We were on holiday last week and during the week I tried out some modern (non-traditional) smocking techniques like the one I used for the pockets of my Ishi dress. I didn't know smocking would be this month's challenge, I simply was trying to pass the time without my sewing machine. On the Frances & Suzanne blog they posted a few posts on smocking (with foresight of course) and I though that such a time consuming technique would be perfect for holiday evenings. I didn't find a (free) English style smock pattern that I loved and I didn't really understand how much fixation a smock would need on the back side, so I didn't try an English smock. But then, like a sign, my parents-in-law gave me the A to Z smocking book last Friday. I decided to keep my modern smocking ideas on ice, and make an English smocked dress.
While flipping through the pages of the book I decided to go for an easy raster pattern. I wouldn't know where they pre-pleat fabric around here, so I pleated by hand as well. To make the pleating and smocking as easy as possible, I chose a fabric with a small repeated square and dot pattern. This fabric is Wicky Pikes from Soft Cactus and really perfect for smocking. The fabric is very light and due to the repeated pattern it was very easy to determine the position of the stitches. Smocking this piece took me a few hours (pleating included), by far not as long as I had expected.
I decorated the raster with some small flowers. The flower pattern is from the book. It looked very easy, but I had a hard time with pulling my needle through 20 loops. I decided that these five flowers were enough. I put a small bead on them (following the book's example).
This is my first smocking piece and I wasn't following a garment pattern, so I had no clue how wide the end result would be. When pleated, the hole thing was very narrow, but I knew smock is supposed to give a nice elasticized piece. When I took out the supporting threads, and saw everything remained together nicely, the next phase could start. What would it become and for whom?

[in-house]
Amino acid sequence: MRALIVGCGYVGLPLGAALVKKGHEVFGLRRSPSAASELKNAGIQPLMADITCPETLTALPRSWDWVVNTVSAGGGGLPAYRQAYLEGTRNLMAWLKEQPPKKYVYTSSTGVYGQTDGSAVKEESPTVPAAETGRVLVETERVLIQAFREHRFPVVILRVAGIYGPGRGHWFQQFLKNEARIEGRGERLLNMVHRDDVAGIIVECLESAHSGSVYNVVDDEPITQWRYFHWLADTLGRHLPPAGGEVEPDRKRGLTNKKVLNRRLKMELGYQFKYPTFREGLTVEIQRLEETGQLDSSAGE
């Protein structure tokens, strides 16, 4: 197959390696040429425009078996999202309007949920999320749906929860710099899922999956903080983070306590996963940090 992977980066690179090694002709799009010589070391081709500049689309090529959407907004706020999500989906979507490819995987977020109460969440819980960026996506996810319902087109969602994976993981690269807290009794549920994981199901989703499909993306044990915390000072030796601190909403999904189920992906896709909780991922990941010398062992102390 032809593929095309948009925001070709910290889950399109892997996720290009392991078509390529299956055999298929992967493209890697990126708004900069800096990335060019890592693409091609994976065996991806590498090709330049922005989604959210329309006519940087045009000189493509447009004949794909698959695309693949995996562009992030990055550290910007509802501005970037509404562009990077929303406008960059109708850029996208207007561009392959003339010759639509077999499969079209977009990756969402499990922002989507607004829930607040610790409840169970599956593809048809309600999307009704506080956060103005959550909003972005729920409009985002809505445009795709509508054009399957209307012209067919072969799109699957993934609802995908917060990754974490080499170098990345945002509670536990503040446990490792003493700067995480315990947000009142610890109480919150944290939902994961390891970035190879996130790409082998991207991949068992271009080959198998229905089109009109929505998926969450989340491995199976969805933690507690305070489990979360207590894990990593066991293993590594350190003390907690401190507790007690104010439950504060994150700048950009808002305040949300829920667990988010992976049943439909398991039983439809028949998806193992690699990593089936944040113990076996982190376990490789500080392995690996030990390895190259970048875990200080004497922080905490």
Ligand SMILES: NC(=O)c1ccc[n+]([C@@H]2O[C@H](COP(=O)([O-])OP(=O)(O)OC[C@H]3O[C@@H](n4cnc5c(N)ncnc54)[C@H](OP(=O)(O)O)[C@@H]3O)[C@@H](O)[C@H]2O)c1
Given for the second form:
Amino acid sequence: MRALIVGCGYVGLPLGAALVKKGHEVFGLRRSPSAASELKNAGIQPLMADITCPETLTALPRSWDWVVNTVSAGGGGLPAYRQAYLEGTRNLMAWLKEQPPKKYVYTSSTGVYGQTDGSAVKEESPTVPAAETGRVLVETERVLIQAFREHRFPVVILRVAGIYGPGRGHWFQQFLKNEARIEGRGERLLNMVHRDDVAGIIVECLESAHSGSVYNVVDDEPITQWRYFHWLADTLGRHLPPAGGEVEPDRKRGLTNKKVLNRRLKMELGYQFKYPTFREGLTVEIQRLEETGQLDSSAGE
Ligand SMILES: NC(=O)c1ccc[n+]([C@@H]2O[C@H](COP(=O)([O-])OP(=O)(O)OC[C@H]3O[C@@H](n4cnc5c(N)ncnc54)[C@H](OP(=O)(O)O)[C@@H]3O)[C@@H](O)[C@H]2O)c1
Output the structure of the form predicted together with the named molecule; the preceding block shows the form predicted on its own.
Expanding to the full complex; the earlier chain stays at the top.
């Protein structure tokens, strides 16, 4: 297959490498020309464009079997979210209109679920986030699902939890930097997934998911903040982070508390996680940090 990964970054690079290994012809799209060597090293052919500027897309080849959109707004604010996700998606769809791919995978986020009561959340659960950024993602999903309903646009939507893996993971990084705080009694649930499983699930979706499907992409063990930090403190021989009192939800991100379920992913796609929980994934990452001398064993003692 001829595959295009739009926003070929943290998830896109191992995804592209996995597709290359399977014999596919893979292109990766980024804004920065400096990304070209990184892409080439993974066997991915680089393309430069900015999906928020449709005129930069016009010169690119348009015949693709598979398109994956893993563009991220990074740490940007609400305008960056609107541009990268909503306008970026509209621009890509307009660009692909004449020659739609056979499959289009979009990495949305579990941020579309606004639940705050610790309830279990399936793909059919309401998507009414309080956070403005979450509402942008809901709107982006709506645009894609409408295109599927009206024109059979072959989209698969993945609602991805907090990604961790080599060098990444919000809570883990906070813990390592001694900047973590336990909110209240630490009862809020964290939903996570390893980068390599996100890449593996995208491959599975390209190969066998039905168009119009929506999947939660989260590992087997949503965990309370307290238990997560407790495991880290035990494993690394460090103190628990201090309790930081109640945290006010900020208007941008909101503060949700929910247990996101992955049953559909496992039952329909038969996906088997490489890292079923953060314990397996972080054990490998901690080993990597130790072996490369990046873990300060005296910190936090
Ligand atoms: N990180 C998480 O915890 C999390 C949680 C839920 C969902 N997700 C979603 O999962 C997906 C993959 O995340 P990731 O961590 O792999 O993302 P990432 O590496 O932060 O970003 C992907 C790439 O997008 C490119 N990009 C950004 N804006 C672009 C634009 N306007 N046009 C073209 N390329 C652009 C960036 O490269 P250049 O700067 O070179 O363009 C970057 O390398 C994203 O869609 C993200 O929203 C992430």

The stretch of the smock was big enough to make a dress for my eldest. I drafted a dress pattern based on an existing dress and a sleeves set from an Ottobre pattern. I am satisfied with the dress but I am considering creating one or two extra lines of smocking. The bodice is now relatively short.
The smocked fabric was a (large) scrap piece, I used it earlier here, and I didn't have enough to make the back of a dress from the same fabric. I also feared that the dress would become too sweet for a seven year old that way, the light pink smocked fabric needed a more spicy accent. I looked through my stash and found a knit piece that had a similar vibe as my smock (bought as a coupon without a brand name). That reddish fabric combines great with the little accents on the main pink fabric. I sewed a little piece of pink jersey at the top of my smocked panel to be able to cut a full front dress piece. I created the small curve intentionally.
The front is the best side of this dress. The back is a bit strange, the front is wider and is visible from the back. I have to get used to it a bit, but my daughter immediately liked the dress (she never sees the back anyway). Of course, the dress has pockets, my daughter really wanted to show them to you.
I love to hear what you think of my creations. Feel free to leave a comment in the language you prefer (although Google translate might have to assist me if you choose something different than English, German, Dutch or Hungarian).